Memo John Key: look Pacific Island leaders in the eye
The Government is being challenged to invite the leaders of the Marshall Islands, Tuvalu and Kiribati to come and tell Parliament what they think of New Zealand’s climate change policies. Support to help Small Island Developing States move to renewable energy is one of five measures New Zealand outlined to last week’s United Nations Climate Change Summit in New York. New Zealand said that it will support the Small Island Developing States Lighthouses Initiative in addition to the $100 million it is already investing in clean energy in the Pacific.
Increasing generation from renewables is continuing to drive a massive drop in greenhouse gas emissions from electricity in New Zealand. For the second quarter in a row, emissions from electricity in the three months to August were down on the same period last year, latest government figures show.
At the end of his summit meeting on the climate crisis, UN Secretary General Ban Ki-moon put out a list of accomplishments festooned with 46 bullet points, some of them marking concrete new pledges, others diaphanous phrases.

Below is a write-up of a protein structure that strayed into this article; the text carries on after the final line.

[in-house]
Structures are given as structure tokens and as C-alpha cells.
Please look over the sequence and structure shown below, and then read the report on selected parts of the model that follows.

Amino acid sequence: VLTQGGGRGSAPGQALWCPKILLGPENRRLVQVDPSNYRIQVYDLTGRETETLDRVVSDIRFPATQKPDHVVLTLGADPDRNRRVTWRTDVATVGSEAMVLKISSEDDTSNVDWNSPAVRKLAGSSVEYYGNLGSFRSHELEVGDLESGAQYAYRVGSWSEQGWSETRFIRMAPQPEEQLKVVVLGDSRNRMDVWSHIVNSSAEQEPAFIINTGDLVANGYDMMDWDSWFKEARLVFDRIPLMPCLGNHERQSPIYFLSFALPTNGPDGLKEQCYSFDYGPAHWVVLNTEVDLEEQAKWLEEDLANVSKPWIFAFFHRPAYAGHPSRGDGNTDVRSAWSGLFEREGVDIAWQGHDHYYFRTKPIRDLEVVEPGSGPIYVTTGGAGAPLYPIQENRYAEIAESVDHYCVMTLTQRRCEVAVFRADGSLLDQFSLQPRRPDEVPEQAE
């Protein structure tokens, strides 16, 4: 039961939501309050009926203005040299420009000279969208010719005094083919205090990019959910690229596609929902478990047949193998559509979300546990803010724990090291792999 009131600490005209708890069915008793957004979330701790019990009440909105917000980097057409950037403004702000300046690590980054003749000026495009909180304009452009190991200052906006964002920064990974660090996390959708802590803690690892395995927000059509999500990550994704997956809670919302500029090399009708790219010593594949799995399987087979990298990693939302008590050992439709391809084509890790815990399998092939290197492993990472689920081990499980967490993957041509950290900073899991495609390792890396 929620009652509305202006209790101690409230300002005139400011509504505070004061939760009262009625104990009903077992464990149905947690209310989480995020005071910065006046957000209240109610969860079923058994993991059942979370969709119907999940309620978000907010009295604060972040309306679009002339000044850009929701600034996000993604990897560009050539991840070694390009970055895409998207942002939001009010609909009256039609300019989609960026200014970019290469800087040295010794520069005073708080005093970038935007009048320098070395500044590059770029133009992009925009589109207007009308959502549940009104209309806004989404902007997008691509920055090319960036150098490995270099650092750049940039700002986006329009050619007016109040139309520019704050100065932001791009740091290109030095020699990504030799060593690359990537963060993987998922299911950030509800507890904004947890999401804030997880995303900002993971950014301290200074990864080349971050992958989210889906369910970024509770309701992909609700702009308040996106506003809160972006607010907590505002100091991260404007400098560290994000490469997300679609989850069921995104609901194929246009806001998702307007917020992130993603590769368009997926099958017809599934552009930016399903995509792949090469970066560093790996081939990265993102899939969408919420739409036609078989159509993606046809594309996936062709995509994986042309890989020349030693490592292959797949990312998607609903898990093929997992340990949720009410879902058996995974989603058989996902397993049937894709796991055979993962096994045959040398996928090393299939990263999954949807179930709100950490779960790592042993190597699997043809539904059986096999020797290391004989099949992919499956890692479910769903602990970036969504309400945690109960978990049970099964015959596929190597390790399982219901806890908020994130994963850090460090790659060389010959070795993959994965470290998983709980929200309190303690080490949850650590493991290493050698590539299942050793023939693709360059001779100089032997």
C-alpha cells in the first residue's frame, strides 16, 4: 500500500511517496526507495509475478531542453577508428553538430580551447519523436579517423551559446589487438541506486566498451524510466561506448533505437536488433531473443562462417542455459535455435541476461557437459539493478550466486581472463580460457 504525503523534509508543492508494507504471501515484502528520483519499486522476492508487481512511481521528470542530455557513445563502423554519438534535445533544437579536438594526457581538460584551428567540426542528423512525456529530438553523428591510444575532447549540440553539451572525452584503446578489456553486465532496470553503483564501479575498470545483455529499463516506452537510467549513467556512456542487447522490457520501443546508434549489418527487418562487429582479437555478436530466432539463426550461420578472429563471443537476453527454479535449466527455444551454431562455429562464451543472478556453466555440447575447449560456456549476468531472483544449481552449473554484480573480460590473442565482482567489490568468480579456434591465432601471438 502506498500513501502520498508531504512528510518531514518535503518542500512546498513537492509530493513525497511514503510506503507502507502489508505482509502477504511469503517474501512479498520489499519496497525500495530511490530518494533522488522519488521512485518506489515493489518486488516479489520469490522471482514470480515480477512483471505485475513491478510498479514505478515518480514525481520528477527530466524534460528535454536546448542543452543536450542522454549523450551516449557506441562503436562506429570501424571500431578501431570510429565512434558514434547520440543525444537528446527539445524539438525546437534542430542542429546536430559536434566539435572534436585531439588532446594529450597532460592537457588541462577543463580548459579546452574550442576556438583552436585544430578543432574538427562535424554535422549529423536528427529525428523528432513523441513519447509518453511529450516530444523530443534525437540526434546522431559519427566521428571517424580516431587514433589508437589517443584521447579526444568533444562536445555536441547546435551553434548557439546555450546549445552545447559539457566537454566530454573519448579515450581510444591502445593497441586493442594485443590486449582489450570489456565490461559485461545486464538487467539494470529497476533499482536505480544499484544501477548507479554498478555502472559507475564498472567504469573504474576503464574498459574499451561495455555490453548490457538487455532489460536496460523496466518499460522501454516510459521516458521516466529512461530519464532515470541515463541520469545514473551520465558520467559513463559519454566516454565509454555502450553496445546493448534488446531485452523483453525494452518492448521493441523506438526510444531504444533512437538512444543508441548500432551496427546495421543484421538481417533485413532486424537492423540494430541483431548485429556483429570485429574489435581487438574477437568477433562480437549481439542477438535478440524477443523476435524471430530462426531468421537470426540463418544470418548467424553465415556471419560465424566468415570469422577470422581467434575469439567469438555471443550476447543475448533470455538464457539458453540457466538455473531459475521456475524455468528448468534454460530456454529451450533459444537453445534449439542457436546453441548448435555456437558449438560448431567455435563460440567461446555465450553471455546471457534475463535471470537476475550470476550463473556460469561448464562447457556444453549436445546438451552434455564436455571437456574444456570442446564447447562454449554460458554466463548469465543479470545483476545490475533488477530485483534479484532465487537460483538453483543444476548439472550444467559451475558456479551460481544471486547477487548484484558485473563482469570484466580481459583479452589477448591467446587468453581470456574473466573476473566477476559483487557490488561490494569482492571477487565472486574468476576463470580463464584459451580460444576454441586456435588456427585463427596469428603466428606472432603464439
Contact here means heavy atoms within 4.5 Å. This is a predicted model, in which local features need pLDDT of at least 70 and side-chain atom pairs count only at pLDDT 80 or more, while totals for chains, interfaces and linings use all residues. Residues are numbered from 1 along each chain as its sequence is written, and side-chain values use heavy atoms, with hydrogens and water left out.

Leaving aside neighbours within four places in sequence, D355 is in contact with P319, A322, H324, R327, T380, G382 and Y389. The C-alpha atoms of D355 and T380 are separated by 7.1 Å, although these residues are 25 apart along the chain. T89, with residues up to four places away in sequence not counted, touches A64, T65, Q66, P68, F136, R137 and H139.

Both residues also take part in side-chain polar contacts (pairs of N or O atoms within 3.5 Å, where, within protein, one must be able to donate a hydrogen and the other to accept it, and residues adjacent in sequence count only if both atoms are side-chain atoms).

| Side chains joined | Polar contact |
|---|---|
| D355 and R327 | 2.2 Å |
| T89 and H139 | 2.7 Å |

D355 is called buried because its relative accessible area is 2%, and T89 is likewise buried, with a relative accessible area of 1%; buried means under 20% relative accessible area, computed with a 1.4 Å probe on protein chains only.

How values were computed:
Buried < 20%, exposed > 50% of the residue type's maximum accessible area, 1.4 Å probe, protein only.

There were a few notable absentees among the more than 120 world leaders gathered in New York for last week’s United Nations Climate Summit — and perhaps most notable of all was the head of the world’s highest-emitting nation, China’s President Xi Jinping.
Many of the biggest hitters in the global financial community, together managing an eye-watering $24 trillion of investment funds, have issued a powerful warning to political leaders about the risks of failing to establish clear policy on reducing greenhouse gas emissions. Continue reading “Carbon News 29/9/14: Key challenged over climate impacts on Pacific islands”